Demand to stop quackery
A GROUP of 400 doctors and scientists is lobbying universities to stop offering alternative medicine courses and qualifications, the Sydney Morning Herald reports. The Friends of Science in Medicine group, which includes Sir Gustav Nossal and Professor Ian Frazer, says the alternative medicine courses are damaging the reputations of universities. Almost one in three Australian universities now offer courses in some form of alternative therapy or complementary medicine, including traditional Chinese herbal medicine, chiropractic, homeopathy, naturopathy, reflexology and aromatherapy.

Stem cell success in macular degeneration
EMBRYONIC stem cells have been used to treat two cases of age related macular degeneration, The Lancet reports. The treatment was found to improve vision, and to be well tolerated. The cells showed no signs of hyperproliferation, tumorigenicity, ectopic tissue formation, or apparent rejection after 4 months. The researchers said the future therapeutic goal will be to treat patients earlier in the disease processes, potentially increasing the likelihood of photoreceptor and central visual rescue. The development was reported by ABC’s PM program.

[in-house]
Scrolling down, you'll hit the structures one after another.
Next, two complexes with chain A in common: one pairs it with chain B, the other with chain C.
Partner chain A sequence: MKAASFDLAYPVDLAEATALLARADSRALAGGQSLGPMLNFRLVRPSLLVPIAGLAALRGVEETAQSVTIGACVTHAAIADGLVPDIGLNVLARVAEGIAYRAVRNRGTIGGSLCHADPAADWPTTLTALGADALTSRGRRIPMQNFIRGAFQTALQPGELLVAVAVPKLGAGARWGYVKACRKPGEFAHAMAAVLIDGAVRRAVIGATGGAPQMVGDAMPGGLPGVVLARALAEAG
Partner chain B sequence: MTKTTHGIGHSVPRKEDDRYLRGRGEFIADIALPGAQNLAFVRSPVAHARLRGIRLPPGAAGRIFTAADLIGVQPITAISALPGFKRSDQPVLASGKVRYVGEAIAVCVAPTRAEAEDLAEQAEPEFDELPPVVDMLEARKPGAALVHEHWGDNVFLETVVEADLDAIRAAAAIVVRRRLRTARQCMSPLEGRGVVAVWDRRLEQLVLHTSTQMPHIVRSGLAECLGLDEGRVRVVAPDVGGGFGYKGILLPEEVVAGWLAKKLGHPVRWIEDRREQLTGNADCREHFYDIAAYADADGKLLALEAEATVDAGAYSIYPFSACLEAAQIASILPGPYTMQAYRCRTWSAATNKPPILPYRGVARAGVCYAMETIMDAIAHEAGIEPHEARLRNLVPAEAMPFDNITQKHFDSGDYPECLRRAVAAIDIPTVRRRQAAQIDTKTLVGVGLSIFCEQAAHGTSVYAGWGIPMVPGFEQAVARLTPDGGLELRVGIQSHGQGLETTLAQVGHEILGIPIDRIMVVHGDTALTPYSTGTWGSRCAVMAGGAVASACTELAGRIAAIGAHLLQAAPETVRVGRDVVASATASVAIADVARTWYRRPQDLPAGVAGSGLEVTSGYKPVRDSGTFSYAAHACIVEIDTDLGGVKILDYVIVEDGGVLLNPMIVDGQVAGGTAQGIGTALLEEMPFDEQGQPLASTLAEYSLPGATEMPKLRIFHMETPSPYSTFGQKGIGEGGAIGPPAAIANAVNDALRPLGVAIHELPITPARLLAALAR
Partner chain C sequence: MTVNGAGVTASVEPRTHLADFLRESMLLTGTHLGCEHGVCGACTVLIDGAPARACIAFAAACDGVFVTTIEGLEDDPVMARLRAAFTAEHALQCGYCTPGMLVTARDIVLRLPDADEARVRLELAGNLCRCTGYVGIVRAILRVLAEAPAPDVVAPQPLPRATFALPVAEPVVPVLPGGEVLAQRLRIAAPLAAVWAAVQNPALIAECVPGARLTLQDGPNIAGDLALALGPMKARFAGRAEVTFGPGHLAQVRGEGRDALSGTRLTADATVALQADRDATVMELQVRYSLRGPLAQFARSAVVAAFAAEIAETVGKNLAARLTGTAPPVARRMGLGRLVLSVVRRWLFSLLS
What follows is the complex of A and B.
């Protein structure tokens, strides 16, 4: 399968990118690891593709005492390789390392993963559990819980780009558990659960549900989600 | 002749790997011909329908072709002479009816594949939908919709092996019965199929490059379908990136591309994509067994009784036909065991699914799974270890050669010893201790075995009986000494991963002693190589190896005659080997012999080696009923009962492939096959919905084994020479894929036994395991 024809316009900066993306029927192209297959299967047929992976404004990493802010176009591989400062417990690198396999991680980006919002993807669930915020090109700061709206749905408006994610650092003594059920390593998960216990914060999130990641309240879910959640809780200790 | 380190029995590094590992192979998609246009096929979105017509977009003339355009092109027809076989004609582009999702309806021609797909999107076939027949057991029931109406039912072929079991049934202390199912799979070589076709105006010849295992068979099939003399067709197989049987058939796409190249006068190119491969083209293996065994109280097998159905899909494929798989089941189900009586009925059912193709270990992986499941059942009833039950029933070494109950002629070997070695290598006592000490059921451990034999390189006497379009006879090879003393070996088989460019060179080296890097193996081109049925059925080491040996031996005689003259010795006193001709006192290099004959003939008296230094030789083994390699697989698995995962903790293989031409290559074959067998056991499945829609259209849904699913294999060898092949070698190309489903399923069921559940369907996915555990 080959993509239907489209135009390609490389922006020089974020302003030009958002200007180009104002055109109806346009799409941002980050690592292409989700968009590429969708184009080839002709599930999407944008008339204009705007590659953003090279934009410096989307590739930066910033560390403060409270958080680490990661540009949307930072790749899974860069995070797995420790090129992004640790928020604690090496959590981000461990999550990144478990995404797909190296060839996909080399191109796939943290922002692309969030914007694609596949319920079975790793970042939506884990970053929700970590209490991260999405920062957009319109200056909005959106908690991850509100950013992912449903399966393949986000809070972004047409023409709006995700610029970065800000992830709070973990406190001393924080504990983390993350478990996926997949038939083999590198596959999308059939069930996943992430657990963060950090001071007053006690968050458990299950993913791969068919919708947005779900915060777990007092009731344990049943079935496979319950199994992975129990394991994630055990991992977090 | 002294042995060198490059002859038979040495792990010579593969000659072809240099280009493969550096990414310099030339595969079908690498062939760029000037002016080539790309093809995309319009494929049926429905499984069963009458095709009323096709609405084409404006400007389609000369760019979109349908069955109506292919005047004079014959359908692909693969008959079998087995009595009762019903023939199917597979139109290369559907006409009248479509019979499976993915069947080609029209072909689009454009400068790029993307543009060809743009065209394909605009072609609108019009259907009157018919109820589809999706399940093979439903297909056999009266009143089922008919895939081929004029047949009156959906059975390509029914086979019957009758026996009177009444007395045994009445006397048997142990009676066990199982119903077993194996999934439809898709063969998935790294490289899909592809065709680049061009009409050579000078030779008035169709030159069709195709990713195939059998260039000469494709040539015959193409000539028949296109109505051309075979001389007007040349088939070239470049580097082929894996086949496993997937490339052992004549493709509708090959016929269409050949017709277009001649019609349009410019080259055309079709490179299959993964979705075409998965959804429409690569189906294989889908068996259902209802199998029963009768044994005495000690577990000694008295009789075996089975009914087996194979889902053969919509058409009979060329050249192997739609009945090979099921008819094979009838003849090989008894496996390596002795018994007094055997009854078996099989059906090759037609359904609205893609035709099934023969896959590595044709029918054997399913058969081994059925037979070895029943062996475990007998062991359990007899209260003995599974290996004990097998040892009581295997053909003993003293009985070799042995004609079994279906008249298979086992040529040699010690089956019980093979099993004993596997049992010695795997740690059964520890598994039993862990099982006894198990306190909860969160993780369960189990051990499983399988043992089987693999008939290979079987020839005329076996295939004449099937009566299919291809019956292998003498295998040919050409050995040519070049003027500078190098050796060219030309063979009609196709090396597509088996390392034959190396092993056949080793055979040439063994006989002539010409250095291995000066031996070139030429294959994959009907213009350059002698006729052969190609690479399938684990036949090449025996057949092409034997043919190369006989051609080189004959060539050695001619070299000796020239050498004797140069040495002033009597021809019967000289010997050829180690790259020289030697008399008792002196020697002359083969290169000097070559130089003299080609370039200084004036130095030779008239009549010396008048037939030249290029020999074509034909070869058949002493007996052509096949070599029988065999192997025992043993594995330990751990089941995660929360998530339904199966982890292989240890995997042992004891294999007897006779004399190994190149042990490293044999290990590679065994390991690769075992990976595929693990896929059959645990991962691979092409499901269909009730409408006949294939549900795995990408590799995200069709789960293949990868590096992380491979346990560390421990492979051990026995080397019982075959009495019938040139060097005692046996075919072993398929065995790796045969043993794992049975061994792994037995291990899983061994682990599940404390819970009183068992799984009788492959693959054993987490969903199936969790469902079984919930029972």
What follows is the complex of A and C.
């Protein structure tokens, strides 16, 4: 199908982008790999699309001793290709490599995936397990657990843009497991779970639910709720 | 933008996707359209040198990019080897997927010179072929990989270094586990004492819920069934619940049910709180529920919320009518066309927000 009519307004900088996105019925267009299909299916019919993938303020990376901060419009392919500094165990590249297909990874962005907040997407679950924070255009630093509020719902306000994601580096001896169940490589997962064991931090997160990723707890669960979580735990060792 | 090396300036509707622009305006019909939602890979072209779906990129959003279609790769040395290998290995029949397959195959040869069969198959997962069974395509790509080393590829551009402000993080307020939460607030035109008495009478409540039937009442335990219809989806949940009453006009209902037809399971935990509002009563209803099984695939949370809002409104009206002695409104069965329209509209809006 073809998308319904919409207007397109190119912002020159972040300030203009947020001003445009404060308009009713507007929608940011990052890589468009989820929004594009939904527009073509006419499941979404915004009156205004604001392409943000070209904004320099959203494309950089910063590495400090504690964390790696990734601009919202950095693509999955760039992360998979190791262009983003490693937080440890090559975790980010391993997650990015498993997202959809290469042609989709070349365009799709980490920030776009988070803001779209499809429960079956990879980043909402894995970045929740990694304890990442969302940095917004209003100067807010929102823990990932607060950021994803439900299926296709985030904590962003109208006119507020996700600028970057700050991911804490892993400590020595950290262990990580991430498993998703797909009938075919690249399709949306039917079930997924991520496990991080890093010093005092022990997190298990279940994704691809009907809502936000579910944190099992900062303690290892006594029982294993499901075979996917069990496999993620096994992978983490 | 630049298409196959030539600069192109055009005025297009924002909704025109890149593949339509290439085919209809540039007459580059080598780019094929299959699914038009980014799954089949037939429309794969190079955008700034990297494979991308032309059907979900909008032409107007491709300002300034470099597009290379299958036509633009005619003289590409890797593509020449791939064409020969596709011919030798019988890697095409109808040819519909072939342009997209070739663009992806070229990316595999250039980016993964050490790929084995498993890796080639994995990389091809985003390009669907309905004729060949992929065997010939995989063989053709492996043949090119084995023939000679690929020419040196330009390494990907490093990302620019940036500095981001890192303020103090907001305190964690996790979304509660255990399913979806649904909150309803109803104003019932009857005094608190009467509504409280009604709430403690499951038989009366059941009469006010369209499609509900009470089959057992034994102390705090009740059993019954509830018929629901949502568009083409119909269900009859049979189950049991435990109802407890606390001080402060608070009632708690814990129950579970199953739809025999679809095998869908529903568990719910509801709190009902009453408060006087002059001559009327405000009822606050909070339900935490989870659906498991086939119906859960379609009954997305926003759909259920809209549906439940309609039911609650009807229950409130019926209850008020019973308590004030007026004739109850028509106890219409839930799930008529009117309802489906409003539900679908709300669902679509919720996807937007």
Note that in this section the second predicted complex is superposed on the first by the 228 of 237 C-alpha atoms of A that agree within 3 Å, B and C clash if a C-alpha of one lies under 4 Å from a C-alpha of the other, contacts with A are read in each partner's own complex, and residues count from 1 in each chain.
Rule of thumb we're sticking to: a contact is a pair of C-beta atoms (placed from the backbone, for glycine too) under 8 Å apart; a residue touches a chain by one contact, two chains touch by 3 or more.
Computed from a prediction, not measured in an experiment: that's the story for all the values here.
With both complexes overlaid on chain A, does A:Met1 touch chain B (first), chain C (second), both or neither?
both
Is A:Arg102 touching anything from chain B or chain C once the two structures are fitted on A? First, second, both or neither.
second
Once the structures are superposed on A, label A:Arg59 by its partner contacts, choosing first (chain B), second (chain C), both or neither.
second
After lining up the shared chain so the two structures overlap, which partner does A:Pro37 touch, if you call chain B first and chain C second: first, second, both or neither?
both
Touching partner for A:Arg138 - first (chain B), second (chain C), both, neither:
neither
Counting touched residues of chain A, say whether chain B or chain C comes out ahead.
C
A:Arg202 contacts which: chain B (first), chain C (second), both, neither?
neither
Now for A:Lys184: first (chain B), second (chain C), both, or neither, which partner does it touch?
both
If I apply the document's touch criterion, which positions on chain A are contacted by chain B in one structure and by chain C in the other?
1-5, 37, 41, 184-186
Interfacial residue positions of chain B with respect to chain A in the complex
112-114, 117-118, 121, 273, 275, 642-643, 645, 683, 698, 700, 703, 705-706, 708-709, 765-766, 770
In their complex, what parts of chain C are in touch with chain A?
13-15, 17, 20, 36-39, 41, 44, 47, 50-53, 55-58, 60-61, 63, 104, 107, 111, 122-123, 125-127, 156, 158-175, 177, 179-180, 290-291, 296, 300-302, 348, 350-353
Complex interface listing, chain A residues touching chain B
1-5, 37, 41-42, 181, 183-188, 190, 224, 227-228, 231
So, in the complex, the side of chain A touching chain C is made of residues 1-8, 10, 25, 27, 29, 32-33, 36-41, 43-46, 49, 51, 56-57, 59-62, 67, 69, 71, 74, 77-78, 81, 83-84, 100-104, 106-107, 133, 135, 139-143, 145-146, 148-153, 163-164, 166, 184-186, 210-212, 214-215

Food fried in olive oil okay for heart
THE consumption of fried food may not be associated with an increase in coronary heart disease or all-cause mortality if olive oil or sunflower oil is used for frying, according to research in the BMJ. Researchers in Spain, where olive and sunflower oils are used, studied more than 40 000 Spaniards for a median of 11 years and found no association between fried food consumption and risk of heart disease. The research was reported by BBC News.

Overtime really is depressing
WORKING long hours of overtime may predispose people to major depressive episodes, according to new research in PLoS One. Among middle-aged civil servants with no psychological morbidity at baseline, the odds ratio of a major depressive episode was 2.43 times higher for employees working 11 hours or more a day, compared with those working 7–8 hours. The research was reported in the Canberra Times.

Late-term abortion service closes
THE only Australian clinic offering late-term abortions (after 24 weeks) will no longer offer the procedure, The Age reports. Marie Stopes International Australia CEO Maria Deveson Crabbe told the newspaper the organisation was in the process of taking over full management and ownership of the Melbourne-based clinic, and the move to stop the service was an operational decision. The newspaper said the decision to cease late-term abortions appeared to leave Victorian women without access to late-term abortions for reasons other than foetal abnormalities. The clinic has been involved in recent controversies.

Posted 30 January 2012

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